• Real time trade data is available 10
  • Real time order book data is available 10
  • Has a Trading policy in place 2
  • Has market surveillance 2
  • Has regulatory oversight 5
  • Requires KYC for basic trading 2
  • Offers insurance for fiat holdings 2
  • Offers insurance for crypto holdings 2
  • Allows fiat deposits and withdrawals 5
  • Markets quoted in fiat 2
  • Trading fees 10
  • Listing standards 2
  • HQ is based in United States 5
  • Does not have Trading competitions/contests 5

This features were chosen because they help demonstrate an exchanges transparency (e.g. API access, trade, orderbook data), fair market structure (e.g. trading rules, fiat access, KYC), and arm’s length economic transactions (e.g. trading fees, no trading contests). Below is a ranking of the spot exchanges that we analyzed based on their total score from these factors.

We decided on 50 and below as the cutoff point. Our rationale behind 50 points was that because this is a qualitative measure we should treat it fairly liberally and exclude only those in the bottom decile. Bibox, Kucoin, OKEx and ZB.com were the only exchanges ruled out due to this metric.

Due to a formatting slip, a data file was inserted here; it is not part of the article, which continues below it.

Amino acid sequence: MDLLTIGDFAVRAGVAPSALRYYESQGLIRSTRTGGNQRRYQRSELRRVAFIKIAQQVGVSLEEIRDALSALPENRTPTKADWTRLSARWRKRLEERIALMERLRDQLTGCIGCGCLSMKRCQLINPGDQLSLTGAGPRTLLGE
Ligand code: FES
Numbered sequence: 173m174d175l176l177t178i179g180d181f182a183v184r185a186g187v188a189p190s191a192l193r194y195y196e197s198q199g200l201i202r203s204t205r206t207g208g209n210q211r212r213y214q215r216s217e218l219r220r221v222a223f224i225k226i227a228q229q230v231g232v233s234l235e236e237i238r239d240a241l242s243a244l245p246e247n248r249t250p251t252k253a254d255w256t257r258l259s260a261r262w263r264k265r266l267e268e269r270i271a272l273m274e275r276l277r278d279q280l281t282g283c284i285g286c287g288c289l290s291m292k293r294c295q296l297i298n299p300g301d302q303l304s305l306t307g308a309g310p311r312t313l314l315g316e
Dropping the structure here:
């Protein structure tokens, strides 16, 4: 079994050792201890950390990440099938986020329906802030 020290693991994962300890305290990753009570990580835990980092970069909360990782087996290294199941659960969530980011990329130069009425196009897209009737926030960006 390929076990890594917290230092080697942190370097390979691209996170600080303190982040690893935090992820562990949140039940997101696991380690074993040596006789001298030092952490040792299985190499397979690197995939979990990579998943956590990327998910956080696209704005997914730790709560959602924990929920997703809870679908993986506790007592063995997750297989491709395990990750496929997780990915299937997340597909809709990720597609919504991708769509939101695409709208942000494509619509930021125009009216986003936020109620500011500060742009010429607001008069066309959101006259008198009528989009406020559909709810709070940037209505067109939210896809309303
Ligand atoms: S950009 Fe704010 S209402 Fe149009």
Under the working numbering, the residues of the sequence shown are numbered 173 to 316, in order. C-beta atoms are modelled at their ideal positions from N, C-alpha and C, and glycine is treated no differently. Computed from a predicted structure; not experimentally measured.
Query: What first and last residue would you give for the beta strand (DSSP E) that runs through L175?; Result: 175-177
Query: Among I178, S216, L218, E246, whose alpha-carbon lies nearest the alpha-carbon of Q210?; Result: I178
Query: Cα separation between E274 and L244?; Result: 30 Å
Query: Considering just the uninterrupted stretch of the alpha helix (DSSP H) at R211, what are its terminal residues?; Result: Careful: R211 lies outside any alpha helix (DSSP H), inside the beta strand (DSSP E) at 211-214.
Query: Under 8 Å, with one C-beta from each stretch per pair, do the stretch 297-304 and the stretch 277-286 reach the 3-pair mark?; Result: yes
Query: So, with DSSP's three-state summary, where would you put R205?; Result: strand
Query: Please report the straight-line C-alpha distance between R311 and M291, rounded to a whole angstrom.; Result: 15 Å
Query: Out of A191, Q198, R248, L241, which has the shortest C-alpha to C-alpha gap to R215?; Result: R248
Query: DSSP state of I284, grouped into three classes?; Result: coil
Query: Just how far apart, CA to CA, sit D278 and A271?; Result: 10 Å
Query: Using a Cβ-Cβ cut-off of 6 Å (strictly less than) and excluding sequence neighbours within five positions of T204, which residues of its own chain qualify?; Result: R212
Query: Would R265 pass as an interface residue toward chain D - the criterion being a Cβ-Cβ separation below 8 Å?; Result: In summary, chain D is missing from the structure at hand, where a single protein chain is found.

Results

Above are the outcomes for the correlation, web traffic, and qualitative metrics that we tested exchanges on. Among our list, only OKEx failed all three tests. This low failure proportion is likely due to the manual selection of the initial list of exchanges to test. Four exchanges only passed one test, seven passed two. The fourteen exchanges that passed all three tests will be used for calculating what we believe to be the most accurate measure of daily spot volume. 

These exchanges are:

  • Binance
  • Binance.US
  • Bitbank
  • Bitfinex
  • bitFlyer
  • Bitstamp
  • Bittrex
  • CEX.IO
  • Coinbase
  • Gate.io
  • Gemini
  • itBit
  • Kraken
  • Poloniex

This is the current passing group as of July 1, 2020. This list will be reviewed periodically and exchanges are likely to be added and removed overtime as their underlying data changes. 

Note: certain exchanges, such as FTX have added a broader listing of spot assets since the end of June and subsequently improved performance on the volume correlation test.

Coin Metrics’ State of the Network: Issue 60 – Analyzing The Early Uses of Bitcoin

Weekly Feature

Analyzing The Early Uses of Bitcoin

by Antoine Le Calvez and the Coin Metrics Team